The matrix: Robotic carts move around a grid preparing customers’ orders at the Ocado warehouse in Andover
The stock is stored randomly throughout the warehouse in crates, which are stacked up to 17 boxes high in a grid system.
Keeping the items at random was found to save time, although frequently purchased items are near the top of the stacks, and less popular ones near the bottom.
The robot pickers know exactly what item is in each crate at any given time and can pick the nearest items so one person’s shopping can be completed as quickly as possible.
Then when an order comes in, a robot – which looks like a box on wheels – is sent to collect the crate. It uses a claw to pick up the crate and drops it into a chute.
The crate travels down to a human who is told by a screen which item to take. They pack this in a bag into a second crate. The first crate is sent back to the grid, the second is sent to a waiting truck once the order is complete.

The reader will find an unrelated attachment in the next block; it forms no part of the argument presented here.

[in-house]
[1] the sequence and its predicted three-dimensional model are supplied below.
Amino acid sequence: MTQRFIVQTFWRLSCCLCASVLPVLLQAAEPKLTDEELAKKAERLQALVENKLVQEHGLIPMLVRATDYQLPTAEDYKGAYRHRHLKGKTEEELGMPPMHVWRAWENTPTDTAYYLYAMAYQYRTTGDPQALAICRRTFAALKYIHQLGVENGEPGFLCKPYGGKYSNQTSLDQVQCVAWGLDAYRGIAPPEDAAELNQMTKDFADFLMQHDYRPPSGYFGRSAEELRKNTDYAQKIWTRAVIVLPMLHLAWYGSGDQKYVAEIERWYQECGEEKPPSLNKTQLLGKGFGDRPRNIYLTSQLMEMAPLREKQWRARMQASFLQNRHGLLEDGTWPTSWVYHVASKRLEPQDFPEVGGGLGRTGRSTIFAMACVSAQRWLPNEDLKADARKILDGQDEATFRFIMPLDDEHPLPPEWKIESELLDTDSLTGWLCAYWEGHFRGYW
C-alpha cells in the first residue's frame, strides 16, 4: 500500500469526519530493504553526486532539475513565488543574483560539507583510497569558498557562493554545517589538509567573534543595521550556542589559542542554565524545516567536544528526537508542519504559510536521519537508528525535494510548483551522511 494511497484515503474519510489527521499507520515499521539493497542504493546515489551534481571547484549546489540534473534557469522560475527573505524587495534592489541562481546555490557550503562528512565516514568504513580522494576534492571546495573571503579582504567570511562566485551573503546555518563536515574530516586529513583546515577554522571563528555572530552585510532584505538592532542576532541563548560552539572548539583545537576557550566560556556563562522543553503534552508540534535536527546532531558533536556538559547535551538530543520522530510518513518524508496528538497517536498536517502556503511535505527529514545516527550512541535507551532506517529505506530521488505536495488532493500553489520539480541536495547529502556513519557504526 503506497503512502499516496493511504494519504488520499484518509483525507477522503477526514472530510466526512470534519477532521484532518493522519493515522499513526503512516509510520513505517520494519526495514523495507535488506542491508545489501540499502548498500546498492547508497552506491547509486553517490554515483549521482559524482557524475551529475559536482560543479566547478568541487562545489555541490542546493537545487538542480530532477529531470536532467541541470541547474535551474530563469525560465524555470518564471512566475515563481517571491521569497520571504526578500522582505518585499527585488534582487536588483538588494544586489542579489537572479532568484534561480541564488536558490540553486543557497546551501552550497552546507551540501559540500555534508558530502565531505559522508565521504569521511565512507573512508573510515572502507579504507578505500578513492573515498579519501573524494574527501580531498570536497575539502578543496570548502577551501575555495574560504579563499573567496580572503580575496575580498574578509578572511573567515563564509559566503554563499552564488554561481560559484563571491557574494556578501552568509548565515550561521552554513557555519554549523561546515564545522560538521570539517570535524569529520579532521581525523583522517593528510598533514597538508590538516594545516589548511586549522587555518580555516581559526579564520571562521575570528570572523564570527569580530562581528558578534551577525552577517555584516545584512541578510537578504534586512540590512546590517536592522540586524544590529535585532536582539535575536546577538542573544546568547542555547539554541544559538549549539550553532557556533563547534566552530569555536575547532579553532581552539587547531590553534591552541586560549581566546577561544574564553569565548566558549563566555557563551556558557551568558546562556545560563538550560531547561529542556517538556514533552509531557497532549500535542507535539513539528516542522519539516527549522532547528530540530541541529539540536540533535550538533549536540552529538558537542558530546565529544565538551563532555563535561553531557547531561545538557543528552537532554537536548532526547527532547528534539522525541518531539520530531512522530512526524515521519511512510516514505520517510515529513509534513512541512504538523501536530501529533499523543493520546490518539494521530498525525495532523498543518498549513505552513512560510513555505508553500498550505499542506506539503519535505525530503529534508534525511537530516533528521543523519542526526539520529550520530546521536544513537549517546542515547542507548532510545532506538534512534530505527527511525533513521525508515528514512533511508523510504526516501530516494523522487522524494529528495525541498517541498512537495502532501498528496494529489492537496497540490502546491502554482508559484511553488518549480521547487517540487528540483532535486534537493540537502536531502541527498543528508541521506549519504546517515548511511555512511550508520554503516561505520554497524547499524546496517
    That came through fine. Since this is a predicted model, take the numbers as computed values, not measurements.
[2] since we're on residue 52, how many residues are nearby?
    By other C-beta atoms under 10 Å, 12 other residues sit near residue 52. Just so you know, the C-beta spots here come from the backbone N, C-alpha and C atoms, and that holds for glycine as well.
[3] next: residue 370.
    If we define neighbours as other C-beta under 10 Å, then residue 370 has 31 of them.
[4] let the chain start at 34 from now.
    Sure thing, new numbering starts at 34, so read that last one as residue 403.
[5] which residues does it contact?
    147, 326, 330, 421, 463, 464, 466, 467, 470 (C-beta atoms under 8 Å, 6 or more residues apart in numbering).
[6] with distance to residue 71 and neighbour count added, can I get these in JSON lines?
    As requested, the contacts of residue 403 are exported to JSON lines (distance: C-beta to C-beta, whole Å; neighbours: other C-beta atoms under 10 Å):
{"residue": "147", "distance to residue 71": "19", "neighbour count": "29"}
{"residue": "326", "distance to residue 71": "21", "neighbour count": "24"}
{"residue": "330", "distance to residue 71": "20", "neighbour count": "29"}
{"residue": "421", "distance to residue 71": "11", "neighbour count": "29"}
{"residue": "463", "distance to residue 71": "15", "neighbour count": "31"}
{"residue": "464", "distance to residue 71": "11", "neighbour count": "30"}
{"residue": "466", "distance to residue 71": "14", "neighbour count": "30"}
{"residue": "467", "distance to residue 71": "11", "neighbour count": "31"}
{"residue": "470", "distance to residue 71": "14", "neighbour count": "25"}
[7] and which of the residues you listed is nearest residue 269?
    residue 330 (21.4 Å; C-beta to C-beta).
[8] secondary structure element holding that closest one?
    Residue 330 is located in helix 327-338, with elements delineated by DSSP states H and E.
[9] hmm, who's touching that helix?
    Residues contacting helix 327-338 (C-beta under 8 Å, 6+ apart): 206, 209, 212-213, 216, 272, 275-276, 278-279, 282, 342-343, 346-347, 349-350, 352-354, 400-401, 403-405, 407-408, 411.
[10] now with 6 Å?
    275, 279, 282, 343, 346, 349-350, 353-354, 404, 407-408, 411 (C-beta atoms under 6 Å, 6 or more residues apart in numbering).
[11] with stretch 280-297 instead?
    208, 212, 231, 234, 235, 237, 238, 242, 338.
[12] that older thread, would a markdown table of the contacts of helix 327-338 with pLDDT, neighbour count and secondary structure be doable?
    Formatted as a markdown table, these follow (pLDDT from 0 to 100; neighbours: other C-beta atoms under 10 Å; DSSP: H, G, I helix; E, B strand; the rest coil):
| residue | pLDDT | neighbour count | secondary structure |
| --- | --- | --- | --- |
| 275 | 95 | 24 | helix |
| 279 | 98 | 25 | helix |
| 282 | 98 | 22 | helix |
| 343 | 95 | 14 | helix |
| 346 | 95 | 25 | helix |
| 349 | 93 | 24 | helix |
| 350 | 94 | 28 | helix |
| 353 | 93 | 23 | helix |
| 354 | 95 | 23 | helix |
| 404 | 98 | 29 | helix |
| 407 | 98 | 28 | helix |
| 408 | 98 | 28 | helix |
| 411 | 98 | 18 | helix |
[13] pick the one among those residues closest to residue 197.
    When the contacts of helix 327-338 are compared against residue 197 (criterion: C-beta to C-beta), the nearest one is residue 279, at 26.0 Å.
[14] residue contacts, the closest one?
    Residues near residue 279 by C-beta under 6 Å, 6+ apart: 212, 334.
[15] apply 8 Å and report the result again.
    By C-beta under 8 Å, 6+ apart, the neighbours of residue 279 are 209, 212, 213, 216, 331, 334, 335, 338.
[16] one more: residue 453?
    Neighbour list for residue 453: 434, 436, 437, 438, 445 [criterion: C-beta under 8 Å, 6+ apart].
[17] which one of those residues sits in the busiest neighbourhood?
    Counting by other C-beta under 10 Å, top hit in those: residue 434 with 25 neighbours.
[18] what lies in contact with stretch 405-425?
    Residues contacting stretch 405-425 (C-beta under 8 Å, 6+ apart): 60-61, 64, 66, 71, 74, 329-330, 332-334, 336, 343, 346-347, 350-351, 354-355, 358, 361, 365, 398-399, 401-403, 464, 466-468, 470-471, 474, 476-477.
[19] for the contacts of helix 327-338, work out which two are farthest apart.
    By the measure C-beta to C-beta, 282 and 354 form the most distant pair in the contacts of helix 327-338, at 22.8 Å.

Deal hits hedge fund sharks for £100m
Vulture investors betting on the collapse of Ocado have been stung for more than £100million as its share price surged 44 per cent yesterday.
Hedge funds short-selling shares in the British firm – gambling that their value would plummet when it failed to deliver much-trumpeted international expansion plans – suffered as the stock price hit an all-time high when Ocado revealed the partnership with grocery chain Kroger.
Speculators which have suffered include the US goliath Blackrock and Chelsea-based Marshall Wace.
Their bets have for years made Ocado one of Britain’s most heavily shorted stocks.
Hargreaves Lansdown analyst Laith Khalaf said: ‘As one of the most shorted stocks in the UK stock market, this deal will be a poke in the eye for the hedge funds who have bet against Ocado because of its eye-watering valuation.
‘The short-sellers were hoping Ocado wouldn’t deliver on its international expansion plans – that position now looks like a badly busted flush.’